Rohit, who is 12-years-old, goes to school only when someone is able to carry him there. He doesn’t go out to play, and keeps to a corner in his house. His legs are bent, so he cannot join his two sisters and two brothers, who go to school and play in the streets. His mother Sunita, worries about his future – she even looks darkly ahead and wonders if anyone will marry him. She knows his condition is likely to worsen: she has seen it happening to so many others. The 500-foot-deep well is a dream better left undreamt. “Where will I bring the money for that?” The villagers could of course pool money for a common borewell, but then there is the shadow of caste divisions.




Thaan Singh, 50, and his wife Lata, sold the one bigha land they had for their treatment. With the little money that remained, they bought themselves a reverse osmosis (RO) water purifier, because the doctor said it would help. His wife sells biscuits, paan masala, chips, etc. from a small shop outside their house. And what does Thaan Singh do for a living now? “Bas khatiya todtey hain! (I just sit and squander my time!)”




Gurdayal is 16, and gave up studies after class X. When he was about 11, he realised his legs were getting deformed. “It’s all because of this handpump,” he says, pointing to the pump from which his neighbourhood draws drinking water. He even believes the same water is to blame for a stray dog’s bent legs.

 

(The photo story appears in the July 1-15, 2017 issue of Governance Now)

 

Comments

 

Other News

Imperative omissions in the Constitution

The making of the Indian Constitution and its subsequent adoption on January 26, 1950 required the founding members to go through several pieces of the legal document that the country already had during the British rule, let alone the Constitution of other countries. Until 1857, these laws, although applie

R-Day parade showcases India’s military might, cultural diversity

President Ram Nath Kovind led the Nation in celebrating the 73rd Republic Day today as part of ‘Azadi ka Amrit Mahotsav’ across the country. The celebration saw a series of new events conceptualised by the defence ministry during the main parade on Rajpath along with ‘Beat

INS Khukri to be handed over to Diu administration today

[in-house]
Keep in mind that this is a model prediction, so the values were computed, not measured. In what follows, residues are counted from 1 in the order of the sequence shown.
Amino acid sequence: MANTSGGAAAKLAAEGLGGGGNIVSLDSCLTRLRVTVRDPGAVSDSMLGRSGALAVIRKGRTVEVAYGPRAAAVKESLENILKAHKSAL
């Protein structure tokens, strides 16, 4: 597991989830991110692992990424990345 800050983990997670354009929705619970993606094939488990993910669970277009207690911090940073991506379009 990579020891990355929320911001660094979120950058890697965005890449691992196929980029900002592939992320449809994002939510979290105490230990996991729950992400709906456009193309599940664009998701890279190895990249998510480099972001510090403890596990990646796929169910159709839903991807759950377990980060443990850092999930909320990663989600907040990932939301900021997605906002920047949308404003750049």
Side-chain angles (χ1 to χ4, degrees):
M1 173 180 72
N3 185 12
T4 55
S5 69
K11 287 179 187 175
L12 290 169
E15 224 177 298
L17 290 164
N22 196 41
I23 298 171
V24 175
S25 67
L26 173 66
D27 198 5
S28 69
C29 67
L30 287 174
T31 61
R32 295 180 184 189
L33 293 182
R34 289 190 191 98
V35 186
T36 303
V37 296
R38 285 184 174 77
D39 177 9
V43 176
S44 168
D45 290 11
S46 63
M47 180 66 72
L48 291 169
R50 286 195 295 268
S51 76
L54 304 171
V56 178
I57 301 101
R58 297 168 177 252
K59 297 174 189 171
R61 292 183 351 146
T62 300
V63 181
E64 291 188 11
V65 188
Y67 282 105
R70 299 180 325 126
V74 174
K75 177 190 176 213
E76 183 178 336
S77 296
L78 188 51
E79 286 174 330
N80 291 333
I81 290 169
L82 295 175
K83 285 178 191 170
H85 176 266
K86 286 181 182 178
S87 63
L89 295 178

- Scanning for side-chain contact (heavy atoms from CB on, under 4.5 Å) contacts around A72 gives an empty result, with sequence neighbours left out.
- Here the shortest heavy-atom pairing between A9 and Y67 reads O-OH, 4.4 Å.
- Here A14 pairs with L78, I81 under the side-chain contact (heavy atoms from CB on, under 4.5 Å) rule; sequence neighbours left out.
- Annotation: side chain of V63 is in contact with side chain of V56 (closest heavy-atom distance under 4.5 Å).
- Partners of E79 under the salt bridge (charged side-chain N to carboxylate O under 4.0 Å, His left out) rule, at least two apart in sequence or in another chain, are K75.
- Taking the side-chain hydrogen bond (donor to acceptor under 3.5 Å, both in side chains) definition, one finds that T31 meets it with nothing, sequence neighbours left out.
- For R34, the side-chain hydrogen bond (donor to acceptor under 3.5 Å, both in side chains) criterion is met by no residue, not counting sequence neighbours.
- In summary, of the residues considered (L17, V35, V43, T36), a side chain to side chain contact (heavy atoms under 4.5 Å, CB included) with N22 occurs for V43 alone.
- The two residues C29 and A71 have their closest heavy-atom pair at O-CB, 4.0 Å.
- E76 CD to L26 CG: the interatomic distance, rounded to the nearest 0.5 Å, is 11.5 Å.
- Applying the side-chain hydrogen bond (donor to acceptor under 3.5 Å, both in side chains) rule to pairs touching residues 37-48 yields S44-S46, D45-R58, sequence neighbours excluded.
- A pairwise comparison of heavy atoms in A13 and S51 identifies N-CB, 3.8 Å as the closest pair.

As the nation celebrates its 73rd Republic Day, INS Khukri will be handed over to the Diu administration in a ceremonial event at the Khukri Memorial. INS Khukri, the lead ship of the Indian Navy’s Khukri class corvettes, is an indigenous surface-to-surface missile fitted vessel that h

The perils of metro roads – A Delhi/NCR context

The anxiety and chaos that we face on our city roads are endemic, dangerous, and deadly. It emerges from a combination of too many vehicles, road conditions, ineffective traffic controls, poor planning and lack of innovative corrections, loose enforcement, and lacking traffic discipline in the commuters, t

‘Classified’, a scintillating expose of the ISRO spy story

Classified: Hidden Truths in the ISRO Spy Story By J. Rajasekharan Nair Srishti Publishers, 280 pages, Rs 350 The Indian Space Research Organisation (ISRO) was rocked by a spy case in 1994, taking down in its wake six persons, including S. Nambi Narayanan. The

If Rahul is in race to prove himself a better Hindu, our efforts have paid off: Ram Madhav

Ram Madhav, a member of the RSS National Executive, has said that Congress leader Rahul Gandhi proudly proclaiming to be a better Hindu is a welcome step and the opposition’s newfound claim that their Hinduism is superior to the Hinduism of RSS is the new competition in India.   &nbs

Visionary Talk: Ram Madhav, Member Rashtriya Swayamsewak Sangh with Kailashnath Adhikari


Archives

Current Issue

Opinion

Facebook    Twitter    Google Plus    Linkedin    Subscribe Newsletter

Twitter